The five elements of Hsing-I were developed by observing and imitating the essential qualities of natural forces.
Water always seeks its own level flowing downward and accumulating or sinking in. Fire, being less dense than water, rises. Wood can be made into a variety of shapes, either curved or straight. Metal can be forged, melted, refined, and made pliable or unyielding. Earth is the source of nourishment and can generate all other elements.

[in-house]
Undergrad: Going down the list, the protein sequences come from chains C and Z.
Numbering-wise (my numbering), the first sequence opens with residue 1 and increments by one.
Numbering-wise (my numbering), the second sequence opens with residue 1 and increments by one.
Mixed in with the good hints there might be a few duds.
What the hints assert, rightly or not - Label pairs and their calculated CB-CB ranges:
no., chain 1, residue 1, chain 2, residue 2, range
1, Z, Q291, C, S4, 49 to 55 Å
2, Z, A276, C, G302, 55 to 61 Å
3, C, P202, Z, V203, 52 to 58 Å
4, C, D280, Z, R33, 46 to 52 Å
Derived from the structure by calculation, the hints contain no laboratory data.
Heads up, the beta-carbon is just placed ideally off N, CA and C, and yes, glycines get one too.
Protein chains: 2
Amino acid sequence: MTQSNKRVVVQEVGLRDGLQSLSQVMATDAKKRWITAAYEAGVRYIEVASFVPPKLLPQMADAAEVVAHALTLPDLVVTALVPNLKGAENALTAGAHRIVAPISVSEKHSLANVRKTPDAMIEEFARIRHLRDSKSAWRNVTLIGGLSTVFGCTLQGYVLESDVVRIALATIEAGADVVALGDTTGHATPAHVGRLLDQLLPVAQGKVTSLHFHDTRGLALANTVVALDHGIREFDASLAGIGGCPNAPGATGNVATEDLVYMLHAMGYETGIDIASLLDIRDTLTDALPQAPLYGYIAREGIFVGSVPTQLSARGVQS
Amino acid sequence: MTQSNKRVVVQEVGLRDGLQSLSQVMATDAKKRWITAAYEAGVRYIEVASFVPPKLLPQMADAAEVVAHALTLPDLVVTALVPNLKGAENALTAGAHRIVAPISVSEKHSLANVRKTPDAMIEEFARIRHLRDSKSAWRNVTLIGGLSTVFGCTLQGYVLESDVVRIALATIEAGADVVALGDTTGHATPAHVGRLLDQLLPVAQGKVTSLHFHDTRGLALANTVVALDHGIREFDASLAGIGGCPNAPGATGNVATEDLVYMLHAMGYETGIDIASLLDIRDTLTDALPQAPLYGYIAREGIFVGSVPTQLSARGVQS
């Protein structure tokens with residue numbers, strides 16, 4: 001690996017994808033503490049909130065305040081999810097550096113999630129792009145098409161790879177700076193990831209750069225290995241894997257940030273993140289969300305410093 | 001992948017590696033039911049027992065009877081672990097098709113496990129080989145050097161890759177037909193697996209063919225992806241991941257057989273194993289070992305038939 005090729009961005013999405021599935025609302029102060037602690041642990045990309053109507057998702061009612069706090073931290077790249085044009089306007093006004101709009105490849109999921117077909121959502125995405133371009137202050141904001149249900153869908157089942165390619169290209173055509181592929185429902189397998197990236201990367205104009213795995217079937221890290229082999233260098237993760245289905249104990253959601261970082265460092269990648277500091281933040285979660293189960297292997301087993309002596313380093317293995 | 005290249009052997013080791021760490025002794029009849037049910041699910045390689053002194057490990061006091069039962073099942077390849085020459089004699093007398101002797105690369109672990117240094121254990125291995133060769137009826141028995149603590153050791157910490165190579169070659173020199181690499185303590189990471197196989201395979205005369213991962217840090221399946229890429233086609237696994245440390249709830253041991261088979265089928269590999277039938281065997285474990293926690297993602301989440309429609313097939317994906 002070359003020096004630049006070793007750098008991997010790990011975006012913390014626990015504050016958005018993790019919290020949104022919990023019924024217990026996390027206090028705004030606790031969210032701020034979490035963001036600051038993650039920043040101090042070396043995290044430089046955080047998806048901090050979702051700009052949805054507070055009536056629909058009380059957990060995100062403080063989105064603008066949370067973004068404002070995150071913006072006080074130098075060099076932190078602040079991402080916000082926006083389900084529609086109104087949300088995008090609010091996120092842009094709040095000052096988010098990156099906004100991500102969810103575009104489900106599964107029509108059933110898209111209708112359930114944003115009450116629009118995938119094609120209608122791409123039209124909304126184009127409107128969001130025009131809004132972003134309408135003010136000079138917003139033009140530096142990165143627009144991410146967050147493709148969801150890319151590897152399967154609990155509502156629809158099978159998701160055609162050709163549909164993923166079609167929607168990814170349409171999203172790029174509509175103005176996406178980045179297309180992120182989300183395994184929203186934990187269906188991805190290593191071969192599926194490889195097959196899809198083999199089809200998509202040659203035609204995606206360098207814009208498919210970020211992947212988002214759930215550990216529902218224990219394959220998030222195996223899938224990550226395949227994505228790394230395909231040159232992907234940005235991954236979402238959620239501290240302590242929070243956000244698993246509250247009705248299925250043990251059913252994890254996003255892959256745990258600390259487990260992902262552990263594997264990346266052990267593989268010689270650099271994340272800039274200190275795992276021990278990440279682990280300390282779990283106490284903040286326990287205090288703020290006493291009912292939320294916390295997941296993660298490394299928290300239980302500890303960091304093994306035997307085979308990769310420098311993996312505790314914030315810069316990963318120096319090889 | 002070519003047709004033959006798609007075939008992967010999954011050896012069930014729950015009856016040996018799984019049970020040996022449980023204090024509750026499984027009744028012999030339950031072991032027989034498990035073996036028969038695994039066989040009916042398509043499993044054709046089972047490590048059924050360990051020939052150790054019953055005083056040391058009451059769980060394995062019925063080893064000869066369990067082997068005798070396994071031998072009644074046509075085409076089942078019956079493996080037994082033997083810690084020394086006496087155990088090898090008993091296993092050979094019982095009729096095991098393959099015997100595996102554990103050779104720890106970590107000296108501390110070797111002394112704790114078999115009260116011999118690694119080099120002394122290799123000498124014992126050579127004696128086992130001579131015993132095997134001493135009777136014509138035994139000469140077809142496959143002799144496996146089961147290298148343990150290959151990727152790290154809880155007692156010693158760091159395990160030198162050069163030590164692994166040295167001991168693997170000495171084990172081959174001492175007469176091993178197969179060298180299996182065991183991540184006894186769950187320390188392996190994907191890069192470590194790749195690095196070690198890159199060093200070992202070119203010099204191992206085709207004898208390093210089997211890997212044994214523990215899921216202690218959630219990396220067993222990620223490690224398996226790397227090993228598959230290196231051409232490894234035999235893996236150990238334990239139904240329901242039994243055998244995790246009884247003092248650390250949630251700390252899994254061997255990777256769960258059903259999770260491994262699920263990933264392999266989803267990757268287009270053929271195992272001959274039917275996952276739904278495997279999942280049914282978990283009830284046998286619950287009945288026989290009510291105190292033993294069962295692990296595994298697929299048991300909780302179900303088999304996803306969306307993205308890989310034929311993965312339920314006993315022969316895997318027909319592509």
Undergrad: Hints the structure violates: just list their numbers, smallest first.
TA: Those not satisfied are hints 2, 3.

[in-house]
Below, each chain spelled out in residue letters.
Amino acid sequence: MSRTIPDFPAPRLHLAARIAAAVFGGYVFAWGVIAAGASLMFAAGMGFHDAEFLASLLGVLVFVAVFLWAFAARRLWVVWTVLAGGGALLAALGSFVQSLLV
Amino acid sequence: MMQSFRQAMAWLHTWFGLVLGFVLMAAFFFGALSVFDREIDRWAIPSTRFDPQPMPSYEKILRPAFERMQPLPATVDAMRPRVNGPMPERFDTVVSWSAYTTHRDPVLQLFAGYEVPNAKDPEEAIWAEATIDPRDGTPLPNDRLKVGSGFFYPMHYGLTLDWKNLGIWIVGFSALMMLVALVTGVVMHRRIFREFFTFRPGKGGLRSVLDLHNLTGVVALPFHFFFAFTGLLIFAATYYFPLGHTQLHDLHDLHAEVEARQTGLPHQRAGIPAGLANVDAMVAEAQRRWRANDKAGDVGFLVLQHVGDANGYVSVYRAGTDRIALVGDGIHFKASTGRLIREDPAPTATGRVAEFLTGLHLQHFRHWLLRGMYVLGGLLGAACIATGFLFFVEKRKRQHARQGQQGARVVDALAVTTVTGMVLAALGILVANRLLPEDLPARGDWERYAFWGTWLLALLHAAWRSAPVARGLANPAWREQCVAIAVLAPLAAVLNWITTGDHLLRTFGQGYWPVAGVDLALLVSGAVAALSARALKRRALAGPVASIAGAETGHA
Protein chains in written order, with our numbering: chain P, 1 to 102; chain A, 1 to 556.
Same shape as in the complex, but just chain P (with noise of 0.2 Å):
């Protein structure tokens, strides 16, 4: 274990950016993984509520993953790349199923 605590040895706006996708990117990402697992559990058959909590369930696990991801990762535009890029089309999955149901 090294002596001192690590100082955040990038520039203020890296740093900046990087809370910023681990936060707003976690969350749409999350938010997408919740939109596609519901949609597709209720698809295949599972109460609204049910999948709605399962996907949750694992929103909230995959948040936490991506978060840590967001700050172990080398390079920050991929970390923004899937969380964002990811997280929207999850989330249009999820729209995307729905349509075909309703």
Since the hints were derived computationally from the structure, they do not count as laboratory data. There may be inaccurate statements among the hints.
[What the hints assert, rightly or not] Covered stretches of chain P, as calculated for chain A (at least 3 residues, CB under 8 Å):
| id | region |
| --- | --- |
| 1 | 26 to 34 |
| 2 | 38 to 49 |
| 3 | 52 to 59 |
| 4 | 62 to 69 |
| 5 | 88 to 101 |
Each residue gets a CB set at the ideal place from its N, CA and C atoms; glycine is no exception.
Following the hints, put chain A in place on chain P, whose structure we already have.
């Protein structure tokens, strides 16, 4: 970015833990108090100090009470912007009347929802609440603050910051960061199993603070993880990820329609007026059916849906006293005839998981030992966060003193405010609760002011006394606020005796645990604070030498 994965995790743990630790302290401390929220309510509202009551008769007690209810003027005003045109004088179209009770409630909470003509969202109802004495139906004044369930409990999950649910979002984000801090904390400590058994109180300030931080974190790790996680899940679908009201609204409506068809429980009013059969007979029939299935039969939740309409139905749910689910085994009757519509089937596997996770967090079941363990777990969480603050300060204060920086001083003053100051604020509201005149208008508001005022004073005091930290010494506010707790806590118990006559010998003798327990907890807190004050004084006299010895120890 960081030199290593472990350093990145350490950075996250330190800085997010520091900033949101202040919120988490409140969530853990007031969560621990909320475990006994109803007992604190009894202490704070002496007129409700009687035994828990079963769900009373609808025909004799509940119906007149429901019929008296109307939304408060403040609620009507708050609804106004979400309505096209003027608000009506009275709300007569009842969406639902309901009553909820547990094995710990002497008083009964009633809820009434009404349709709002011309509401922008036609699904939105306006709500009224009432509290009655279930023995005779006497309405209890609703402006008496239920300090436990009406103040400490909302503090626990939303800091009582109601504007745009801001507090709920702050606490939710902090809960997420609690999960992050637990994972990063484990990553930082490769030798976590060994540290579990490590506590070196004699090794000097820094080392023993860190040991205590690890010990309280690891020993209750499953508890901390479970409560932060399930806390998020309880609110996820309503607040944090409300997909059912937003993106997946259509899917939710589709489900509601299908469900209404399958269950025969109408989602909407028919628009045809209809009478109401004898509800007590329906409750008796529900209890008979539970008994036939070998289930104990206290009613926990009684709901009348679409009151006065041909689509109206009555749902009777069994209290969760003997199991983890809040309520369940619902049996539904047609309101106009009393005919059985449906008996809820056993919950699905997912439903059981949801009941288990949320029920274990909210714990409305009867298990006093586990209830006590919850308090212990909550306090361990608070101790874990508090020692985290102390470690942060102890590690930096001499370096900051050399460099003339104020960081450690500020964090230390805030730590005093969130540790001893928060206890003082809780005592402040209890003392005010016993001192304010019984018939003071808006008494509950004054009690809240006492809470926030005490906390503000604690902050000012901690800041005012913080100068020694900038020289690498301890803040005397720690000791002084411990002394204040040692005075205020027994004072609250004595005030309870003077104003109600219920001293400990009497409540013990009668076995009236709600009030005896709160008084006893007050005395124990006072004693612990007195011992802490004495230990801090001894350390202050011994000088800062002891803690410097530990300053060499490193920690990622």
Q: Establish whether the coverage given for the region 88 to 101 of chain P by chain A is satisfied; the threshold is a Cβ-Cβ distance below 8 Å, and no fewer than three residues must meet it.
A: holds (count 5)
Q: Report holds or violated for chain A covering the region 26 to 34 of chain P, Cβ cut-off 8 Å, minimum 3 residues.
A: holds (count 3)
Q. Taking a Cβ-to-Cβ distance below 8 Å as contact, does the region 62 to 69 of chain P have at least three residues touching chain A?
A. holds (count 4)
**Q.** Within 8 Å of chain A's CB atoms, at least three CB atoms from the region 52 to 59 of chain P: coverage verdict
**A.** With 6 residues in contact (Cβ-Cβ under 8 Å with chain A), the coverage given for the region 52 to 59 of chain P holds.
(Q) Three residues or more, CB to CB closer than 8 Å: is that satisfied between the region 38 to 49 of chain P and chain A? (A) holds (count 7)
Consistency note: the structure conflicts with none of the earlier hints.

In Hsing-I theory, the basis of the complementary relationships among the five elements is defined by the principles of mutual creation and mutual destruction. According to the principle of mutual creation, metal creates water, water creates wood, wood creates fire, fire creates earth and earth creates metal. In nature, the geological and chemical forces at work within the earth serve to create metal. Metal itself becomes liquid as it melts when encountering sufficient heat. Water, combined with the nutrients of the earth, creates wood. With the proper application of friction and heat, wood, in turn, creates fire. When wood is reduced to ashes, it becomes a component of soil thus creating earth. The principle of mutual destruction holds that metal, in the form of tools, such as saws and axes, can destroy wood. The elements of water overcomes fire. Wood can overcome earth by depleting the minerals and nutrients which make it fertile. Fire consumes wood and earth traps water in depressions and dams.